West Texas Win for Wimberley

Cheyenne Wimberley and Royal Blue Fame Top the Sandhills Stock Show & Rodeo in Odessa, Texas.
Sandhills Stock Show & Rodeo Barrel Racing Champion Cheyenne Wimberley.

The Sandhills Stock Show & Rodeo, held January 6-8 and 13-15 at the Ector County Coliseum in Odessa, Texas, kicked off the 2022 winter run of building rodeos. The $5,000-added rodeo was also a qualifying event for Rodeo Houston—the richest of winter rodeos—and drew 255 entries.

            Five-time National Finals Rodeo qualifier Cheyenne Wimberley and Royal Blue Fame (“Chewy”) won the rodeo out of January 10 slack, picking up $5,255 for a run of 14.06.

Recently crowned Turquoise Circuit Champion Shannon McReynolds and her gray mare Minie Gun and leading aged event trainer Janna Brown and Jets Top Gun, owned by Busby Quarter Horses, tied for second with identical runs of 14.18. Each pocketed $3,810, but McReynolds, a nurse from La Luz, New Mexico, earned the right to compete at Rodeo Houston.

Shannon McReynolds and Minie Gun shared reserve champion honors.
Tying for second with McReynolds was Janna Beam riding Jets Top Gun.

Wimberley, who finished 13th in the 2021 WPRA World Standings, already had an automatic invite to Rodeo Houston. McReynolds and Brown were the highest placed members not already qualified. However, the Rodeo Houston invite went to McReynolds as she was ranked higher in the 2021 WPRA World Standings.

Wimberley’s Win

            A West Texas native, Wimberley has a long history with the Sandhills Stock Show & Rodeo.

            “I’m from El Paso and my mom was raised in that Andrews, Odessa area,” said Wimberley, who got her WPRA card when she was just 11 before minimum age-restriction was in place. “Odessa from El Paso was one of our closest rodeos. I’ve been going to Odessa my whole entire life, truly. The arena hasn’t changed, but the pattern sure has. It’s an obstacle course.”

“He’s really been a gift. As hard as he’s been it’s been rewarding in a lot of ways when you do get things conquered and moving in the right direction.”

Cheyenne Wimberley

            Her beast of a horse, Chewy, excelled on the long run to the first, short run to the second – “about 60 feet,” Wimberley noted—and was able to power through the heavier footing thanks to her second position on the ground.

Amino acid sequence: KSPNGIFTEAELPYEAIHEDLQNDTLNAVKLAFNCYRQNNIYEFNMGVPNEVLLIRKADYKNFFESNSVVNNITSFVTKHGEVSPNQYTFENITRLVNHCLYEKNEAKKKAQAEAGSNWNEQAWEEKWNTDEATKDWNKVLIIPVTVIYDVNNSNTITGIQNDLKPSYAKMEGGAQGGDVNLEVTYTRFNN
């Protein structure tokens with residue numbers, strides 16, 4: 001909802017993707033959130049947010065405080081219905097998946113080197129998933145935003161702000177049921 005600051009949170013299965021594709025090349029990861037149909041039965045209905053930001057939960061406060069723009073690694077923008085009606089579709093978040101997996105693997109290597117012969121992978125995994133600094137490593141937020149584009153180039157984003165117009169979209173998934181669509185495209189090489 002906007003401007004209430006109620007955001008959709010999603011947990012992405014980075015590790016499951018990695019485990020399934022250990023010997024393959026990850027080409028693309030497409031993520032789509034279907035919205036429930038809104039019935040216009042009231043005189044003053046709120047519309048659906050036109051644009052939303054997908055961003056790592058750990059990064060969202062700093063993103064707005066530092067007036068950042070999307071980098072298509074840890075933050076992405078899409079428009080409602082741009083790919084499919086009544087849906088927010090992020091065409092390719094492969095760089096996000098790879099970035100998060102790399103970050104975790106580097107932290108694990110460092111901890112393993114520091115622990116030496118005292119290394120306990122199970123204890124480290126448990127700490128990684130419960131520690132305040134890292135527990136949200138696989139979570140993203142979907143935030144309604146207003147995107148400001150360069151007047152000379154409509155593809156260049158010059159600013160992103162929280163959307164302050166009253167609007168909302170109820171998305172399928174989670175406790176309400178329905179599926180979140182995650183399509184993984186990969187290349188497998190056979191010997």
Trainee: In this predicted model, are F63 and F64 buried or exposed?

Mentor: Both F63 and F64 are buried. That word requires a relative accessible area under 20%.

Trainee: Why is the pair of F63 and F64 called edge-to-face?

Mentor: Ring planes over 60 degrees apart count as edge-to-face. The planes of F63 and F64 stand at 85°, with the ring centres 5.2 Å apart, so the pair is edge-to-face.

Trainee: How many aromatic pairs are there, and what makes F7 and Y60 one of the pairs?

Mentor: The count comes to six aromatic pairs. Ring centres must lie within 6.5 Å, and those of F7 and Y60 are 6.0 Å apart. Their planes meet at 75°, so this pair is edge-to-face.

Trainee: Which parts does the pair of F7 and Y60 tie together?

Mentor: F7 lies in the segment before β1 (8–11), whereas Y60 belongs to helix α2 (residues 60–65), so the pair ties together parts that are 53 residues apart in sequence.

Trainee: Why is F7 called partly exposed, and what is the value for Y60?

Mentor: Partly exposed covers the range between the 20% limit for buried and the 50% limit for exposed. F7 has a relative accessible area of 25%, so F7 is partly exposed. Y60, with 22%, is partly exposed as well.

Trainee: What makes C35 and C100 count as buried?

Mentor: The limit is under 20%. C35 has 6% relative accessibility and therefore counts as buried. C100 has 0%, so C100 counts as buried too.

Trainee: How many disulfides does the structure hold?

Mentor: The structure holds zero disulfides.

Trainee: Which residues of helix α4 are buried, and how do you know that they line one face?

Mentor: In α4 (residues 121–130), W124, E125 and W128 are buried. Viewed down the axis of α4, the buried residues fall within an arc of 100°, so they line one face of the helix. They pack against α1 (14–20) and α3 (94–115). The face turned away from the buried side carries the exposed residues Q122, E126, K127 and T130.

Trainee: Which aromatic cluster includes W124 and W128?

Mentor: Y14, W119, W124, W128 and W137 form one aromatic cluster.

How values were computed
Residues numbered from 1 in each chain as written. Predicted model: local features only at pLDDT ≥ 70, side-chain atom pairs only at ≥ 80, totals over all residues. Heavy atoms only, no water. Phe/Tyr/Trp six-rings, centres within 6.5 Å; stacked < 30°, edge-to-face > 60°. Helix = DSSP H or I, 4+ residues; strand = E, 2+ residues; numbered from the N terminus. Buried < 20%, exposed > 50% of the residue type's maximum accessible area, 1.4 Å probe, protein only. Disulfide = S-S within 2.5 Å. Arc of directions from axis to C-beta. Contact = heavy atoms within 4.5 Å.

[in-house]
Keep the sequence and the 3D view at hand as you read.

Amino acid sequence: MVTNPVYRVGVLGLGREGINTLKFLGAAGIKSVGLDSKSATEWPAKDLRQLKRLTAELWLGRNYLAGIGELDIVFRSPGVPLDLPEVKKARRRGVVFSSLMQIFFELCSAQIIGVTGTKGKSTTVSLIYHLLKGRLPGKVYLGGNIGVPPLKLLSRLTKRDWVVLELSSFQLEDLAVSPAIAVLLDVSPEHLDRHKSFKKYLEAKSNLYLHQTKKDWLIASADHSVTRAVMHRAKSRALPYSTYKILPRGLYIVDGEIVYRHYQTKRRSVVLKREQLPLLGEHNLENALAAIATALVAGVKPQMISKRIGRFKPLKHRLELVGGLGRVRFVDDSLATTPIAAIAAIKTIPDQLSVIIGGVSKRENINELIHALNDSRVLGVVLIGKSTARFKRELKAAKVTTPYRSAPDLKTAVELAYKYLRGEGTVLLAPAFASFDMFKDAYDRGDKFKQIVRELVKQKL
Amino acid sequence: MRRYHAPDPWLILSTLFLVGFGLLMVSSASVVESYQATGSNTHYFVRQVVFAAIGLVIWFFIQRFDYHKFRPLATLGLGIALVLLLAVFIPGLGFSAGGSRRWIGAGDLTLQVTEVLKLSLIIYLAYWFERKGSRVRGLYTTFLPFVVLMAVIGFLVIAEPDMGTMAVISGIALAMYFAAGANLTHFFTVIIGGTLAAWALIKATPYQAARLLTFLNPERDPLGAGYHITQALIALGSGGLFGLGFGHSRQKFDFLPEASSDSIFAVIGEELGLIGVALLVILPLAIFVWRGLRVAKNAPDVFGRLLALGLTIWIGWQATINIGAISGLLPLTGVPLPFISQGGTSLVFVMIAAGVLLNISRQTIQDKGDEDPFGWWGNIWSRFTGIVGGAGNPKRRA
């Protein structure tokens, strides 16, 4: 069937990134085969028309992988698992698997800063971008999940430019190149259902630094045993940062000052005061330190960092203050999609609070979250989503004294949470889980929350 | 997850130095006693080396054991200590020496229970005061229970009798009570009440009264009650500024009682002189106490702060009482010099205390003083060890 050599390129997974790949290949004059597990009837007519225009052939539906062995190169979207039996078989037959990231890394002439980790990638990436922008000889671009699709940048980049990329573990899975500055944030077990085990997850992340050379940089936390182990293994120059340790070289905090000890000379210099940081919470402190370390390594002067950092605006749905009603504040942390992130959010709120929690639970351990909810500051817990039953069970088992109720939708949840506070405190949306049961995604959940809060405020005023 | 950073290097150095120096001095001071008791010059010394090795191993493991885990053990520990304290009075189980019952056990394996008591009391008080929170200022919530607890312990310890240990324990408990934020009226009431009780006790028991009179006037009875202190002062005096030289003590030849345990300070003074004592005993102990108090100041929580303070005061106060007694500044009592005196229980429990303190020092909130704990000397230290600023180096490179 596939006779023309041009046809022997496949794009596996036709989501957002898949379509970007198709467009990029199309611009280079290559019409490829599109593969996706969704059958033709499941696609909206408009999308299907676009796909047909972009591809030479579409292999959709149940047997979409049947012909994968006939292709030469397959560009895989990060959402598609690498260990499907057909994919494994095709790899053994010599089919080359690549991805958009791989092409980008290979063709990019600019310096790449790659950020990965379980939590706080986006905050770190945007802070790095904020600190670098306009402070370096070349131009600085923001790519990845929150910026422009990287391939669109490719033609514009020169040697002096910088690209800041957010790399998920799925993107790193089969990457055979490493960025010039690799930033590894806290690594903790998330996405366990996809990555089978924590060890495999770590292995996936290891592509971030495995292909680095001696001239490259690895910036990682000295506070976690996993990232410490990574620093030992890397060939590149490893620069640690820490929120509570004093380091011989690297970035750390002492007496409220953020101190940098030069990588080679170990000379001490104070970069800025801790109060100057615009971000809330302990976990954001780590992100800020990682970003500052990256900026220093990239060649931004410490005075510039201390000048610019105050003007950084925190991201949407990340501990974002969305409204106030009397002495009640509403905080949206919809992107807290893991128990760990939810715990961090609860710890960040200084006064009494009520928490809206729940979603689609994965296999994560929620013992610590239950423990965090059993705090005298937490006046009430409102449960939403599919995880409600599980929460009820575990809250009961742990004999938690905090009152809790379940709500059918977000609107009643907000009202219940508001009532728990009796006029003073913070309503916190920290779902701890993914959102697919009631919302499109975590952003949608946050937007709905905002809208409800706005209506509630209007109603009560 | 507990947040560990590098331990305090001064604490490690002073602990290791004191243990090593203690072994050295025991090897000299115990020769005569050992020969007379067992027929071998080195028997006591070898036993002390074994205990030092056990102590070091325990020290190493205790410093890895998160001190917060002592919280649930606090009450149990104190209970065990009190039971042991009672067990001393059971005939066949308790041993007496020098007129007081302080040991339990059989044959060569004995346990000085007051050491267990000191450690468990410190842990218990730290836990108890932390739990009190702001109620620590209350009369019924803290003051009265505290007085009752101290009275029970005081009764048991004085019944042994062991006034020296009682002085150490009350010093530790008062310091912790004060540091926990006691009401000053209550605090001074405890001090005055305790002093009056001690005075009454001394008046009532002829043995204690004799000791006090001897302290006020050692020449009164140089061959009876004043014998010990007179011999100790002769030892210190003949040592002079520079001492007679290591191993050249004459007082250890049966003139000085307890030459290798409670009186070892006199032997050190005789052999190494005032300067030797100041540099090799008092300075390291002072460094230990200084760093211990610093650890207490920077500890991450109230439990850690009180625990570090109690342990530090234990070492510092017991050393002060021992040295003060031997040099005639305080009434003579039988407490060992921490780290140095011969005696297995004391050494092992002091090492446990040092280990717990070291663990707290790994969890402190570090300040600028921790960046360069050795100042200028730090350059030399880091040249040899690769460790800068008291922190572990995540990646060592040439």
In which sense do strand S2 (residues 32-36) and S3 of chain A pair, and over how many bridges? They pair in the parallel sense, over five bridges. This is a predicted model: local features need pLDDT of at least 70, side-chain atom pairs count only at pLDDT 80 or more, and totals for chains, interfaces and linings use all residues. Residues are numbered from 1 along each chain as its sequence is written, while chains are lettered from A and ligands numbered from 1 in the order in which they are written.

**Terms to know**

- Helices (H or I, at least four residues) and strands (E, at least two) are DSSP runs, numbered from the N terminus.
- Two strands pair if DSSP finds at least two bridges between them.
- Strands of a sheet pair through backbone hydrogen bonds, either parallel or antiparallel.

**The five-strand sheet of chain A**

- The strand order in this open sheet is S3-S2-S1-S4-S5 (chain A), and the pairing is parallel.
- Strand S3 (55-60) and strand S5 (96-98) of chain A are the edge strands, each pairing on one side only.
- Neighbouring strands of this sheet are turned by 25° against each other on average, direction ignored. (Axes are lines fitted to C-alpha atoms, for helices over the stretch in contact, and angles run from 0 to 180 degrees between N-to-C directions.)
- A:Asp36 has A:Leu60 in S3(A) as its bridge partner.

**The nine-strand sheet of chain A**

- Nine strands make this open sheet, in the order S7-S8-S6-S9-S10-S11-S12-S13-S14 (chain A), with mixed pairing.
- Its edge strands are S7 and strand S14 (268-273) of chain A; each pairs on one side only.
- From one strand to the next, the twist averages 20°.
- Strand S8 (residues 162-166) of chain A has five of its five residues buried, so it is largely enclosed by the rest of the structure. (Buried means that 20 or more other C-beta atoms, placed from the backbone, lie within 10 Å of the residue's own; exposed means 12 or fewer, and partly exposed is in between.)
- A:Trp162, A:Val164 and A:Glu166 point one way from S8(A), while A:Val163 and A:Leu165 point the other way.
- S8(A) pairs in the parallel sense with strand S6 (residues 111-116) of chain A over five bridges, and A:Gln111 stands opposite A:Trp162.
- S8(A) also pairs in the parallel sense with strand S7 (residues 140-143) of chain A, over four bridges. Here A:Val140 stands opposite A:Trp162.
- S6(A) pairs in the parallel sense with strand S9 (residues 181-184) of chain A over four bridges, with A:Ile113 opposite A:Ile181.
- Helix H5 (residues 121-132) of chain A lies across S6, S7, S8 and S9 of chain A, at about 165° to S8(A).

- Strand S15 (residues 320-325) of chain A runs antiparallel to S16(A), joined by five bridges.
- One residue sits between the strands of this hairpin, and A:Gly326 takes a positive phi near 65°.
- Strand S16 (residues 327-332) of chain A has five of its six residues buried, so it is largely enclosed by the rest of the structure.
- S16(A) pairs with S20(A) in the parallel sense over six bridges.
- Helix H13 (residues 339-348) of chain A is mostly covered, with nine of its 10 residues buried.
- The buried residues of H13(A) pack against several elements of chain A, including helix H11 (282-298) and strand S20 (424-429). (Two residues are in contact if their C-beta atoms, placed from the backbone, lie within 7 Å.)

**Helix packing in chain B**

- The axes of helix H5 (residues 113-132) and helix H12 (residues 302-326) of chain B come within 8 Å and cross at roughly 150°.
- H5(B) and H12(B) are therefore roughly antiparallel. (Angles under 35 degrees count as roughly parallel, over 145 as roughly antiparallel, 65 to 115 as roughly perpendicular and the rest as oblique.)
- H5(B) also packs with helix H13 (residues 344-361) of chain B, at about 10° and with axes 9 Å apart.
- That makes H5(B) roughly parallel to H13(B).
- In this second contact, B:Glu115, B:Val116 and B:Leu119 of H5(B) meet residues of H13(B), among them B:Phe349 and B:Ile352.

“He’s a big horse,” she said, describing the gelding who is owned by his breeder Steve Hurlbert, a racetrack veterinarian. “He’s not as tall as you would think, but he’s massive. He’s a big study, powerful horse. The way he turns, he’s the kind of horse that you’ve got to keep up with all the time.”

            The Dash Ta Fame gelding, out of the Royal Blue Chew Chew mare Eyes Are Blue, is known for being a handful outside of the arena, so Wimberley has brought him along slowly even though he excelled on the pattern as a futurity horse.

            “He turned 8 so maybe he’s going to participate,” Wimberley laughed. “Maybe he’s finally growing up.”

            Wimberley got Chewy as a freshly-cut gelding late in his second year. The rambunctious youngster forced her to think outside the box with her training.

            “He was big and overruling,” she said. “He’s come a long way, but it’s taken a long time. I’ve appreciated the process. He’s made me learn more horsemanship. He’s made me get out of the box. He’s really been a gift. As hard as he’s been it’s been rewarding in a lot of ways when you do get things conquered and moving in the right direction.”

            Chewy, who picked up futurity checks with Wimberley as a 4-year-old and won the AQHA Junior Barrel Racing Reserve World Championship with Lance Graves aboard, contributed to Wimberley’s fourth and fifth NFR appearances in 2020 and 2021. He still makes a lot of his runs in slack and doesn’t have as much indoor experience because of his antics in the warmup and holding areas.